The physicist has also worked with other inventors seeking to better elucidate his thoughts. Engineers at the semiconductor and computing giant Intel recently hooked up a customized computer to communicate with his cheek-reading infrared glasses, along with a voice synthesizer, a webcam for using Skype, and special monitors. Intel is developing new face-recognition software that can monitor subtle changes in expression and may help Dr. Hawking communicate more efficiently.
Sam Blackburn has been responsible for the technology which allows Stephen Hawking to communicate for the past five years. Now he’s moving on. The challenge for his successor: to keep that well-known voice in working order
You have been Stephen Hawking’s technician since 2006. What was top of your to-do list when you started work?
At first the system was breaking all the time. I’d get calls at 1 o’clock in the morning saying “Stephen can’t speak, what do we do?” So I needed to modernise the system. One of the first pieces I improved was the infrared sensor mounted on Stephen’s cheek. That kind of incremental improvement is much easier for him to accept than a radical new system, because the learning curve associated with that is very steep. Stephen wouldn’t be able to ask for help because the very thing he wouldn’t be able to use would be the speech system. Understandably that has made him very reluctant to upgrade.
Stephen’s voice is very distinctive, but you say there might be a problem retaining it?
I guess the most interesting thing in my office is a little grey box, which contains the only copy we have of Stephen’s hardware voice synthesiser. The card inside dates back to the 1980s and this particular one contains Stephen’s voice. There’s a processor on it which has a unique program that turns text into speech that sounds like Stephen’s, and we have only two of these cards. The company that made them went bankrupt and nobody knows how it works any more. I am trying to reverse engineer it, which is quite tricky.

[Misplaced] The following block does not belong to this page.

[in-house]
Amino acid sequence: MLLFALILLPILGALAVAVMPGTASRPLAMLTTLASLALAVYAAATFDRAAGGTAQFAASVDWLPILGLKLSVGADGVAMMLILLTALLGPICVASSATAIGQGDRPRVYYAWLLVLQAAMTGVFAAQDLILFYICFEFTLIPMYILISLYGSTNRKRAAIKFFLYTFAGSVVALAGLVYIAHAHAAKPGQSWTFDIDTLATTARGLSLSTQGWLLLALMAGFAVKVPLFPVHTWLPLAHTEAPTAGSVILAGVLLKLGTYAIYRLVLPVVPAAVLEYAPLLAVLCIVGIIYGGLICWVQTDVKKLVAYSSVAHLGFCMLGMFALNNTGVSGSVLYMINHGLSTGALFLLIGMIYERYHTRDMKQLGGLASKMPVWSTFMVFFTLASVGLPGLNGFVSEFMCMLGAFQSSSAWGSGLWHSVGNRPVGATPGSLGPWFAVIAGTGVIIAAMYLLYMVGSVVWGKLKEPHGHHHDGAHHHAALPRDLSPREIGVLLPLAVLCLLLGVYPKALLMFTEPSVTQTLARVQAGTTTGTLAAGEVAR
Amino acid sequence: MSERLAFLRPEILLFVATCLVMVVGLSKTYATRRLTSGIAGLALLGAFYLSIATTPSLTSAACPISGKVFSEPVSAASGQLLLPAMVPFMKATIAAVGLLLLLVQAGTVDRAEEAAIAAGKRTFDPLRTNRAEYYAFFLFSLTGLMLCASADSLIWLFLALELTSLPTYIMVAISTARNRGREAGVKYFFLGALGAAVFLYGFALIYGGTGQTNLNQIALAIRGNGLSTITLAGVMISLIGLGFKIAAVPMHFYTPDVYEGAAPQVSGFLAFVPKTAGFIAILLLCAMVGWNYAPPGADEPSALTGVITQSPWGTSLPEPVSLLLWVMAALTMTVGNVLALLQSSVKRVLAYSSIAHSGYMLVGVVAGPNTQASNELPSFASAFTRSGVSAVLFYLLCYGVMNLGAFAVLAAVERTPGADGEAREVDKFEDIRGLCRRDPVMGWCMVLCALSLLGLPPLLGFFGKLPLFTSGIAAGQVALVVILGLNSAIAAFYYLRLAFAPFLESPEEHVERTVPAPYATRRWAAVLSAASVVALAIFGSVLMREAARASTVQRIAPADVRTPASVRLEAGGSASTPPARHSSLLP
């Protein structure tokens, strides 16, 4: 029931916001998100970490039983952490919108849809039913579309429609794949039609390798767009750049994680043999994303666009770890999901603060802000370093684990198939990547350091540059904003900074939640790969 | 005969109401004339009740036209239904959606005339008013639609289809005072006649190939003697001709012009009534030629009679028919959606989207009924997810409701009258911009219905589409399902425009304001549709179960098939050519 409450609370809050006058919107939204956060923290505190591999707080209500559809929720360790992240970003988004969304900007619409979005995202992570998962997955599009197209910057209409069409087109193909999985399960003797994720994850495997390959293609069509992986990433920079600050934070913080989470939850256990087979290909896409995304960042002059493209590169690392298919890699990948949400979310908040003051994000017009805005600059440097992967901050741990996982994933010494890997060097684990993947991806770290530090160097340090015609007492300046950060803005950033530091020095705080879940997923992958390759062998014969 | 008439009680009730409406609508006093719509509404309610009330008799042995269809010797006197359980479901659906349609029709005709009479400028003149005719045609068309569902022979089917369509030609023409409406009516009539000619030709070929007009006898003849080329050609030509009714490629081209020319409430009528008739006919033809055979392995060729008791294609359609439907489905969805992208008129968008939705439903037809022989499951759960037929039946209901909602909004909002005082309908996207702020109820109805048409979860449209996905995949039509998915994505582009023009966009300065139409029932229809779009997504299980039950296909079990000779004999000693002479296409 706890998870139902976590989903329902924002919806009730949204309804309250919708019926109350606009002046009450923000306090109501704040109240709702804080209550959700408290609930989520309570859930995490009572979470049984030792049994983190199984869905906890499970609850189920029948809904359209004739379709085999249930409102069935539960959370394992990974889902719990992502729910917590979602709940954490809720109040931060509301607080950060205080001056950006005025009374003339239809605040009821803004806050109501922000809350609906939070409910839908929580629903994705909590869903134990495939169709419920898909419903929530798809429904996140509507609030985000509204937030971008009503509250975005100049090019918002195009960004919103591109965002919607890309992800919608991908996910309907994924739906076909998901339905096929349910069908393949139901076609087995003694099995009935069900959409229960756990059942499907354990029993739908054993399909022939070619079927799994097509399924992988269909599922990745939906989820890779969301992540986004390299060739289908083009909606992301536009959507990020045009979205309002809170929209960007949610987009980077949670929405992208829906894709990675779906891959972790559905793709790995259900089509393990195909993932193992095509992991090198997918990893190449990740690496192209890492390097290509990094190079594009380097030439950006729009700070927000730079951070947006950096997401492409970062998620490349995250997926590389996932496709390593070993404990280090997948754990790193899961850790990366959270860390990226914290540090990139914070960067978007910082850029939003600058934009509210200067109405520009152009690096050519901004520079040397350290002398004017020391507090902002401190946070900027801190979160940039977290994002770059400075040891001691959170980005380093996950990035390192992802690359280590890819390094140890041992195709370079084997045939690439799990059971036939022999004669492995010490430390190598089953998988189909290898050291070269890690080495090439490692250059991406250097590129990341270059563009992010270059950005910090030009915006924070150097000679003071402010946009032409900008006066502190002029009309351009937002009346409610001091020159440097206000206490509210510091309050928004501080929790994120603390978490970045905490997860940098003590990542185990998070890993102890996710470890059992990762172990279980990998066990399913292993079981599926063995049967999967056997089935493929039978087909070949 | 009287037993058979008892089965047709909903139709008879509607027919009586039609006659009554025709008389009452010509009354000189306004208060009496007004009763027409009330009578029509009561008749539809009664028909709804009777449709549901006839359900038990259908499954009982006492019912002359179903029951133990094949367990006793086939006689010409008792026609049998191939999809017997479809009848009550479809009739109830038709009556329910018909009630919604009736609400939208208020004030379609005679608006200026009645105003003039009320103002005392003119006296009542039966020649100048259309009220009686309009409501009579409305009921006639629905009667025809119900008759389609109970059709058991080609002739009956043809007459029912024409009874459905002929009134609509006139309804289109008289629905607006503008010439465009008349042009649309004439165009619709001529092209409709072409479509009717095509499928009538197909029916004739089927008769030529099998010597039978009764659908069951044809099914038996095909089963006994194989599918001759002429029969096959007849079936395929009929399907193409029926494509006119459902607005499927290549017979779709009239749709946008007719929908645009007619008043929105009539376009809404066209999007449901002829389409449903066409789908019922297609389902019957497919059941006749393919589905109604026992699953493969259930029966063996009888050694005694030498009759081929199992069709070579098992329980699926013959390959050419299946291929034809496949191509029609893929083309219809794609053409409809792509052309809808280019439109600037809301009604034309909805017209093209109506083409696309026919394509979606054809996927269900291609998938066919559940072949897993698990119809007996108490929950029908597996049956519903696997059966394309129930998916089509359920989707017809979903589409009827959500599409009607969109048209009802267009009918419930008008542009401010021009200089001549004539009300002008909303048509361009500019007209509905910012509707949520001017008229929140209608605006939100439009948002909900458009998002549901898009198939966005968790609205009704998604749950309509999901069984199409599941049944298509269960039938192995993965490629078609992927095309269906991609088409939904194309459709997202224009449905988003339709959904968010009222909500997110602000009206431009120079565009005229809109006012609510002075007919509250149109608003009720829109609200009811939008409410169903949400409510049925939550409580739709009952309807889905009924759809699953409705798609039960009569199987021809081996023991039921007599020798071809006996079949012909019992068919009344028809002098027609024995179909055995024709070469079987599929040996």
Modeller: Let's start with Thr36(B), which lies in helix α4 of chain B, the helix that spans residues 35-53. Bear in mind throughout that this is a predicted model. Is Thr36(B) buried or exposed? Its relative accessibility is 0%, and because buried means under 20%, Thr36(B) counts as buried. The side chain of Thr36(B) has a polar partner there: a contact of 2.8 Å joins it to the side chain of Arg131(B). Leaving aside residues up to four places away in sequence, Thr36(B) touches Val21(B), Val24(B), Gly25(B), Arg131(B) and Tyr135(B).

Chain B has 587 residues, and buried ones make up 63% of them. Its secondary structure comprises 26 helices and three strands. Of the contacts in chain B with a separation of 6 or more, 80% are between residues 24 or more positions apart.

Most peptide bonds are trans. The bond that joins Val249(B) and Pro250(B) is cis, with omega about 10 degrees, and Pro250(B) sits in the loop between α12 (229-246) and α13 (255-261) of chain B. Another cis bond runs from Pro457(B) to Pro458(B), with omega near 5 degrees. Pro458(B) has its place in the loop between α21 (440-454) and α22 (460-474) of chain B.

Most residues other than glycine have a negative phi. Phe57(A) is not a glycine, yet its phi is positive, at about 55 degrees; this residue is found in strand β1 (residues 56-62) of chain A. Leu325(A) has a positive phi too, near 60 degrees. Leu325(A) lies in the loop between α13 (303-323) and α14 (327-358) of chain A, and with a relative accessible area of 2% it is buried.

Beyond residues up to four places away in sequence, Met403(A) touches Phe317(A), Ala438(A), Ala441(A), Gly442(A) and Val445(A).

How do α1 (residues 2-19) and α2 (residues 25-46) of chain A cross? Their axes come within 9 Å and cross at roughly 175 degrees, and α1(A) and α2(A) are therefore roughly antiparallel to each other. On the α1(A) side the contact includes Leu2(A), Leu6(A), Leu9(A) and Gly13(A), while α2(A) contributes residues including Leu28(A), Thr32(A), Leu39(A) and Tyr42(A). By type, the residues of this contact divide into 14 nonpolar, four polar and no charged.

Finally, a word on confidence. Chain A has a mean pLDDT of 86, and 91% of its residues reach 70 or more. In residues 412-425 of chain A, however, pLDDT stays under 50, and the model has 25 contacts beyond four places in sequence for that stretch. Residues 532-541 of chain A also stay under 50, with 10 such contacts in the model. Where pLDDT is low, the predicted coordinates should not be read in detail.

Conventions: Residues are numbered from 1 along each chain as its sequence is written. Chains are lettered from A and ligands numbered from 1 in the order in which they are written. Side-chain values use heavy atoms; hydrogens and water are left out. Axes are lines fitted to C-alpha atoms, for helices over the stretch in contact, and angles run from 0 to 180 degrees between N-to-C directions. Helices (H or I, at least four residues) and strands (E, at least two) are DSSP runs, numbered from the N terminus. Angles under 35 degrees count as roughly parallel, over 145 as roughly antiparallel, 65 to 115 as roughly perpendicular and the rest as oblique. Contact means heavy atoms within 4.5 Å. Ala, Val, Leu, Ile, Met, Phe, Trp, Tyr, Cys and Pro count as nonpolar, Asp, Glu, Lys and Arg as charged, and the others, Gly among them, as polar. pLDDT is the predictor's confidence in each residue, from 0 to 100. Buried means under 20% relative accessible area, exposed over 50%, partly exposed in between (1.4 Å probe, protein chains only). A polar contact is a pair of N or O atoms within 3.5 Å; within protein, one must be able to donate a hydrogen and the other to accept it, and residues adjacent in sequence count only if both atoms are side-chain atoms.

Can’t you update it with a new synthesiser?
No. It has to sound exactly the same. The voice is one of the unique things that defines Stephen in my opinion. He could easily change to a voice that was clearer, perhaps more soothing to listen to - less robotic sounding - but it wouldn’t be Stephen’s voice any more.
How exactly does Stephen communicate?
He has used a menu controlled by a computer system to speak since about 1986. Basically, a computer highlights cells in a big grid of letters or words, and when the correct one is highlighted the user presses a switch of some sort. When he became unable to move his hands sufficiently to use the switch, he moved to an infrared system mounted on his glasses, which detects movement in his cheek muscle.
What’s going to happen when Stephen can no longer use the muscles in his cheek?
Stephen has motor neurone disease, which causes a progressive decay of the nerves, and now his facial muscles are the only ones he can control reasonably well. Those are now fading too, unfortunately. This has always been known, but Stephen has outlived all the estimates for the stages of his nerve decay.
The result is that the system has now become very slow. Stephen’s rate of speech is down to about one word per minute, and while I am making slight advances in the technology he is using, the nerve decay has now reached the point where we need to move to some new technology. We have tried some eye-tracking systems; the other method is brain scanning, and there are all sorts of techniques for that. So far we have only considered those that don’t require intervention - no surgery certainly, and no shaving of the head.
Is he excited about the prospect of using such cutting-edge technologies to communicate better?